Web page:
REAR WINDOW (1954)
Rear Window was remade in China as Hou Chuang (1955) and as a TV movie starring Christopher Reeve in 1998. The TV remake made use of the fact that in real life, Reeve was paralyzed after a horseback riding accident. The new version added several updates to the story, including an apartment fitted out in high-tech living-assistance gadgets and a gay couple as two of the neighbors Reeve sees from his window. The movie also featured Robert Forster as the skeptical detective friend played by Wendell Corey in the original. That same year, Forster also appeared in Gus Van Sant's remake of Hitchcock's Psycho (1960).
The film was painstakingly restored by Robert A. Harris and James C. Katz, who also restored Vertigo (1958) and other movies. According to Katz, when Hitchcock got the rights to the film from Paramount in 1967, "he also got terrible advice on storing it in a non-air-conditioned warehouse in L.A. And he was advised, too, to junk many parts of it." By 1983, when Universal got the rights to this film and four others from the Hitchcock estate, the remaining negatives were yellowed, faded and heavily damaged by handling, according to Harris, who began the full-scale restoration in 1997.
Working with Universal Studios' restoration chief, Bob O'Neill, the two employed complicated techniques and digital tweaking to achieve the stunning new print that exists today.
This wasn't the first time Hitchcock set himself the challenge of restricting his story to only one set: Lifeboat (1944), Rope (1948), and most of Dial M for Murder (1954).
The film features an extended scene of James Stewart and Grace Kelly kissing and talking intimately, echoing very similar scenes in Hitchcock's Notorious (1946) and North by Northwest (1959).
It has been said that Jeff and Lisa's relationship was partly inspired by screenwriter John Michael Hayes' marriage to a fashion model and by the affair Ingrid Bergman was having with photographer Robert Capa while filming Notorious (1946). Hayes also used the element of career/marriage conflict in another Hitchcock picture, The Man Who Knew Too Much (1956).
Stewart referred to the murdered dog in the picture as "The Dog Who Knew Too Much," after Hitchcock's British-made 1934 thriller. In 1956, Stewart starred in the remake of that movie.
Evil doings overseen from windows and through various types of magnifying lenses have figured into several suspense films, among them The Window (1949), The Bedroom Window (1987) and Body Double (1984), one of the many references and homages to Hitchcock by director Brian De Palma. The equation of filmmaking and viewing, voyeurism and murder was most strikingly pushed to its limits in Michael Powell's Peeping Tom (1960), which, in its shocking approach and affect on critics and audiences, was to England what Psycho (1960) was to the U.S.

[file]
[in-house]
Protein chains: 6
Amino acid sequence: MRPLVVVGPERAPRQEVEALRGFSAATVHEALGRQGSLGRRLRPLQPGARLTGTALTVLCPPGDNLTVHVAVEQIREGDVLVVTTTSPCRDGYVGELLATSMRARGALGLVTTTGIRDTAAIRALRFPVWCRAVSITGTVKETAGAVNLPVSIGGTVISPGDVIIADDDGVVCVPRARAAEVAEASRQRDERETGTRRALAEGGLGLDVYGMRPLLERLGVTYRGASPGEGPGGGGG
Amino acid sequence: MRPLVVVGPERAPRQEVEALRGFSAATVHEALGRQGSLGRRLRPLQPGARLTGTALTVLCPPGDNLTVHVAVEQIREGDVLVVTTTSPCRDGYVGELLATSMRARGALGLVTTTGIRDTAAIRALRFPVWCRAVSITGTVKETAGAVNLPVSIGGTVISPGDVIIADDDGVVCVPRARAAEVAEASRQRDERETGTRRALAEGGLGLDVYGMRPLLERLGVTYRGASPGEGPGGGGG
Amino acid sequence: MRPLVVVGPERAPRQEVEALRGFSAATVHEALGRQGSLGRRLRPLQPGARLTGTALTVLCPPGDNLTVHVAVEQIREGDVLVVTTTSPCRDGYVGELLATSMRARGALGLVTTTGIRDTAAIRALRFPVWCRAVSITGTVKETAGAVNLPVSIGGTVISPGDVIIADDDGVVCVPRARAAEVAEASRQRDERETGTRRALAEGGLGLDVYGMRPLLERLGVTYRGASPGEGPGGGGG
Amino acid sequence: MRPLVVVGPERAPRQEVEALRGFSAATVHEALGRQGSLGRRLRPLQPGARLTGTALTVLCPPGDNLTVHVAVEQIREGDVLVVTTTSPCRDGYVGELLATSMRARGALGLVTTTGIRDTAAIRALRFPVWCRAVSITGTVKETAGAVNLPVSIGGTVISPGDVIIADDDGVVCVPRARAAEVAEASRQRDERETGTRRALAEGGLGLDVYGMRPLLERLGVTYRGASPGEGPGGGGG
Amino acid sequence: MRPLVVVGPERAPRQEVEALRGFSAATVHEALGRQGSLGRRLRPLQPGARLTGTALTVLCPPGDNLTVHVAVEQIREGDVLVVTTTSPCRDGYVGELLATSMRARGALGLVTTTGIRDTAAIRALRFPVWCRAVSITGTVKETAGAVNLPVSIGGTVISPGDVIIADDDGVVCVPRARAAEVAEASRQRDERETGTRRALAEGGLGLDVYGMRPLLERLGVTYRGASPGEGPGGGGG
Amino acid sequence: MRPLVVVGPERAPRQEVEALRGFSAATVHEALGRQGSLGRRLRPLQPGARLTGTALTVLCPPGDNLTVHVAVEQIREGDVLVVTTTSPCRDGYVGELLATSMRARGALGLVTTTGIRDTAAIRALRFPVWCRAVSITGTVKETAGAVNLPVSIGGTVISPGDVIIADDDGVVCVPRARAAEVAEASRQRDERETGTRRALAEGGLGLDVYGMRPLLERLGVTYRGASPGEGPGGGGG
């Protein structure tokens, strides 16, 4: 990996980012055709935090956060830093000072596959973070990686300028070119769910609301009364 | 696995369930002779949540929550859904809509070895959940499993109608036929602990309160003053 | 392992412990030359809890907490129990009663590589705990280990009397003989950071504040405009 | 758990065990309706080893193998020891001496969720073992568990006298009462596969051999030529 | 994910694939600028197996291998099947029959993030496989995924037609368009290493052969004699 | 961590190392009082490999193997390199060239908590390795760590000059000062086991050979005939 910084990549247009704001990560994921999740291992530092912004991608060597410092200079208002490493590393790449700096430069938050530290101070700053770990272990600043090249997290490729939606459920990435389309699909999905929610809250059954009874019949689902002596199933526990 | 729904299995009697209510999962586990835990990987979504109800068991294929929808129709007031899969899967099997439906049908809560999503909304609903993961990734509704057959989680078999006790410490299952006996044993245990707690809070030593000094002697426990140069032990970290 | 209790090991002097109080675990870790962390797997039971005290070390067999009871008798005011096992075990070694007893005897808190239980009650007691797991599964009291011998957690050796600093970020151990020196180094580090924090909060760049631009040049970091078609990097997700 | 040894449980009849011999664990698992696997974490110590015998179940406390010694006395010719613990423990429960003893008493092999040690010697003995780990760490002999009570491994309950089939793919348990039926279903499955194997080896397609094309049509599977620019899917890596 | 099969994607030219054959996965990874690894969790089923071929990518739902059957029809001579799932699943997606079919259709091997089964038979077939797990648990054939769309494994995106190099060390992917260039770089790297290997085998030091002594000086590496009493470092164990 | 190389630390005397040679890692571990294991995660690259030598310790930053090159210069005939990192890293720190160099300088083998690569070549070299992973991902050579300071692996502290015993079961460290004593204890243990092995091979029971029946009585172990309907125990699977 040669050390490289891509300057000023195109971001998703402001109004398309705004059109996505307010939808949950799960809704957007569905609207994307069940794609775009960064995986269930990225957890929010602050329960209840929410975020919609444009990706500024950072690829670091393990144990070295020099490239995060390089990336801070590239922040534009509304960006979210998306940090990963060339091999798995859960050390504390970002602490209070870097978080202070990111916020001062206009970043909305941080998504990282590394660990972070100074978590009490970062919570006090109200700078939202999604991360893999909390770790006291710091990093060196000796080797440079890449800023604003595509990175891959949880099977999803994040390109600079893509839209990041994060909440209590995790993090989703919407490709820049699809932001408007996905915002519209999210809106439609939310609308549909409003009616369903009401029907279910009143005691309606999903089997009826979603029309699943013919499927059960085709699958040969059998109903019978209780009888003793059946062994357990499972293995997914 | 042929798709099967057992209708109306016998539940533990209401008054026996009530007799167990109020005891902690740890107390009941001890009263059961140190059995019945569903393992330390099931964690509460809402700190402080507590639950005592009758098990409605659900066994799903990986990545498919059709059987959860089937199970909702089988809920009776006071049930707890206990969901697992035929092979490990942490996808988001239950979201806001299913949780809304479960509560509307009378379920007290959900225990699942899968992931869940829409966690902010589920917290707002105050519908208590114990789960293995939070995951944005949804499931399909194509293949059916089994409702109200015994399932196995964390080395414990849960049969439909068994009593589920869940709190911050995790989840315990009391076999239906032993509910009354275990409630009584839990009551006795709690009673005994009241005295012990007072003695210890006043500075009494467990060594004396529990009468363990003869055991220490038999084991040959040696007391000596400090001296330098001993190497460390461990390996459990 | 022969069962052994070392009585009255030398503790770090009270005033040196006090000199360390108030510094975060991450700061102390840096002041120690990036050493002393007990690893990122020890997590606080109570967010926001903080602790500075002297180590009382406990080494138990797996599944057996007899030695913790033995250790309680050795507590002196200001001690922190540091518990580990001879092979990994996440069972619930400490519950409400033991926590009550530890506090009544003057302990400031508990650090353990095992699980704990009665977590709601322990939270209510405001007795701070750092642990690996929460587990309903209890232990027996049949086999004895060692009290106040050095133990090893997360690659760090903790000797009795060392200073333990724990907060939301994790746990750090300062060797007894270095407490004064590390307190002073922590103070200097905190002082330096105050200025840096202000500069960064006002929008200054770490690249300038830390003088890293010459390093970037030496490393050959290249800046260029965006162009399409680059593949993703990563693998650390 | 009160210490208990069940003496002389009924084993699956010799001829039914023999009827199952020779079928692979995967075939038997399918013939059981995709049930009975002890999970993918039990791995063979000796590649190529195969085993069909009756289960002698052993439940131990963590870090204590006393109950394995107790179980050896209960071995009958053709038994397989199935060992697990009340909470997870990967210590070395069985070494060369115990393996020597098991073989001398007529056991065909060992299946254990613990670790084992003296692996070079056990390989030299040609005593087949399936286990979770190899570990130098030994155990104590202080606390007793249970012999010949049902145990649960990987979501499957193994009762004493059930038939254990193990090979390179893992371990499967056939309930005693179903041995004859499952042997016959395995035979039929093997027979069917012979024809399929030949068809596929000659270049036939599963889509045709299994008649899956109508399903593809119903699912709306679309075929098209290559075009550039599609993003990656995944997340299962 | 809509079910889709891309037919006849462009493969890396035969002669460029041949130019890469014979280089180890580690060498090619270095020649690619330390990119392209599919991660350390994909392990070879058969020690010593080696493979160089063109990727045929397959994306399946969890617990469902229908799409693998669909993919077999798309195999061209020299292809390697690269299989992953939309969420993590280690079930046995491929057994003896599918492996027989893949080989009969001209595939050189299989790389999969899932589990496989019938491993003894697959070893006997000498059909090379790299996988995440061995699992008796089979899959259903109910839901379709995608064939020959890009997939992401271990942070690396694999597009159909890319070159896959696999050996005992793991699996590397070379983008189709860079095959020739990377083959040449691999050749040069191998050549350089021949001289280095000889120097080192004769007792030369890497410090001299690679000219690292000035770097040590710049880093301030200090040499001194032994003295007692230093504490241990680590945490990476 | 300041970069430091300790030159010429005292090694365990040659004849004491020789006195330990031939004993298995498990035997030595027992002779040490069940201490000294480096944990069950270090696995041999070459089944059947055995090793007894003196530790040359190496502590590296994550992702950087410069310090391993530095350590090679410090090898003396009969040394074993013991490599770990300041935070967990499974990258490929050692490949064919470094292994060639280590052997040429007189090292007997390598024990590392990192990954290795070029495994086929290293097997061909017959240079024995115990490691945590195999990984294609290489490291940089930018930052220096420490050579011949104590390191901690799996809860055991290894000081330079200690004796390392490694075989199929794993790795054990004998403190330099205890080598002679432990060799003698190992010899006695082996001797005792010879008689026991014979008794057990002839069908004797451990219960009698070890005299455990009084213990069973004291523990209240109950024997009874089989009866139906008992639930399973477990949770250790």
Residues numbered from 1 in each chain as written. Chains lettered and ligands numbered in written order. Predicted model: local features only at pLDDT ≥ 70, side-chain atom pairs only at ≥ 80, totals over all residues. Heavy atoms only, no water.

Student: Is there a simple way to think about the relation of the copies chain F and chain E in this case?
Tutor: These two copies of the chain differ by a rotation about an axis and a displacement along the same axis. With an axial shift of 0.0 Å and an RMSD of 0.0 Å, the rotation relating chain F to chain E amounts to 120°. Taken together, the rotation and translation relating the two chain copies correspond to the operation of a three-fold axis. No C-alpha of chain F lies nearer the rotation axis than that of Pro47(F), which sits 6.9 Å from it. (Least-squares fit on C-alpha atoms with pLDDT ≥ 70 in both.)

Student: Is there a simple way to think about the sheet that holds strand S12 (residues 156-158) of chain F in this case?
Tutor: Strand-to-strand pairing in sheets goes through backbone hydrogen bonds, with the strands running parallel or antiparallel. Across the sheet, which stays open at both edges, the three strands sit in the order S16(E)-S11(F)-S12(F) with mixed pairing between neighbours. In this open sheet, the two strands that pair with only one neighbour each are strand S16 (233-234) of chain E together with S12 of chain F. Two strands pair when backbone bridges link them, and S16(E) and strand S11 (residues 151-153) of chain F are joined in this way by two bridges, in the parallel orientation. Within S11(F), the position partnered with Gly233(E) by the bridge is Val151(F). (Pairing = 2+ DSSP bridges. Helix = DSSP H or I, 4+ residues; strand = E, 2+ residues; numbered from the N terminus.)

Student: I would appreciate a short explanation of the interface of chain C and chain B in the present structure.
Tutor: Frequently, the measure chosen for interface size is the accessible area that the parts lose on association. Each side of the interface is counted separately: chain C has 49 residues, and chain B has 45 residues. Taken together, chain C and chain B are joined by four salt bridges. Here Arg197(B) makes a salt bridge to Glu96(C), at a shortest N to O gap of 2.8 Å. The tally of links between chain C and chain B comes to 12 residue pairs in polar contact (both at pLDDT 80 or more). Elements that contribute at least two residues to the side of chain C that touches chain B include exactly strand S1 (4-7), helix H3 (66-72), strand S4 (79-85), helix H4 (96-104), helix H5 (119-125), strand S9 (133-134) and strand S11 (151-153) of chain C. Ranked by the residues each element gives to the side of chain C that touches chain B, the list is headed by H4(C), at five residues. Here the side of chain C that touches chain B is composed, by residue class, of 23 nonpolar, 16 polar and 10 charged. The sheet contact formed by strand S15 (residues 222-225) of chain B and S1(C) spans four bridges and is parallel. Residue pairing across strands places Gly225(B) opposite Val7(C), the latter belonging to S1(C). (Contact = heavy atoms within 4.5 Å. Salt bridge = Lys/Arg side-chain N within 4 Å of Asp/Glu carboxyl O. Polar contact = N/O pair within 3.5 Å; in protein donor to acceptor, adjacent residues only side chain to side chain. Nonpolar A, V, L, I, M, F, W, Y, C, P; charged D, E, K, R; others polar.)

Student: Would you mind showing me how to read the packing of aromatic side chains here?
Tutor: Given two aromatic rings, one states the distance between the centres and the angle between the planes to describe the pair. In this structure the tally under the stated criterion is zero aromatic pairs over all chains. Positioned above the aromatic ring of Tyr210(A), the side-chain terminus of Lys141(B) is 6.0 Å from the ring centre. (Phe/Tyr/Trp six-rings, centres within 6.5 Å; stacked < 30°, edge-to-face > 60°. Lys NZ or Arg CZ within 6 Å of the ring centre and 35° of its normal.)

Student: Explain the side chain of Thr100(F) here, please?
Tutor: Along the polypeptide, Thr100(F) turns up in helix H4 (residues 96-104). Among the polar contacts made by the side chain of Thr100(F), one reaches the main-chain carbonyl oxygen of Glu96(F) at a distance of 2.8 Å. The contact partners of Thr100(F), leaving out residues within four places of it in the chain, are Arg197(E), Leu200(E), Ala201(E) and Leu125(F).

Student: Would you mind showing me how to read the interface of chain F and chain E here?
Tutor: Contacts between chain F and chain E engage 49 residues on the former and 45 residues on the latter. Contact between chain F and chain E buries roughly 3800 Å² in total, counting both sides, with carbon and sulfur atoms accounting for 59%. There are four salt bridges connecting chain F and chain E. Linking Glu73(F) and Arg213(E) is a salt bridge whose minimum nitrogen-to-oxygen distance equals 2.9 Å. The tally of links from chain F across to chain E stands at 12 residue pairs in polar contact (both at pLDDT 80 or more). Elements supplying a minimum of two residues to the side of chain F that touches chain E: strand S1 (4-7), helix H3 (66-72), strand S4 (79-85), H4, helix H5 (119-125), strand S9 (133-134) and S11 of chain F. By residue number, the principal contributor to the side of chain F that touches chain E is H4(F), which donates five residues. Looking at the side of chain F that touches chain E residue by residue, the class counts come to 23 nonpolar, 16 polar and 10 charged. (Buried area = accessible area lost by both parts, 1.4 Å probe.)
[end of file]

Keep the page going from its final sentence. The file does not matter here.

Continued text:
A similar premise was used in the Woody Allen comedy Manhattan Murder Mystery (1993), in which Diane Keaton struggles to convince husband Allen that their neighbor may be involved in murder. Allen's film refers to plot and suspense elements of Rear Window but also resembles it in its use of a thriller story (albeit a comic one) to examine a faltering romantic relationship.
Regardless of what pen name he used (and he had several), Cornell Woolrich's stories have formed the basis for a number of suspense films and crime thrillers, including Phantom Lady (1944), which was produced by Joan Harrison, who worked on the screenplays for five Hitchcock movies and appeared in the original The Man Who Knew Too Much (1934). Woolrich's stories were also adapted for several episodes of Hitchcock's TV show; Mississippi Mermaid (1969), directed by Francois Truffaut; and The Window (1949), no relation to Rear Window, although its storyline does follow the perils of a young boy who witnesses a murder from a city fire escape.
Songs used in the background as somewhat ironic comments on the movie's themes and relationships appeared in other movies. "Mona Lisa" won the Best Song Academy Award when it first appeared in the Alan Ladd picture Captain Carey, U.S.A. (1950). "To See You (Is to Love You)" was sung by Bing Crosby in Road to Bali (1952). Miss Torso is seen practicing her dance moves to Leonard Bernstein's ballet music "Fancy Free." Dean Martin's hit, "That's Amore," has appeared in at least 10 other movies, including Moonstruck (1987).
Composer Franz Waxman borrowed themes and passages from his other film scores, including A Place in the Sun (1951) and Elephant Walk (1954).
by Rob Nixon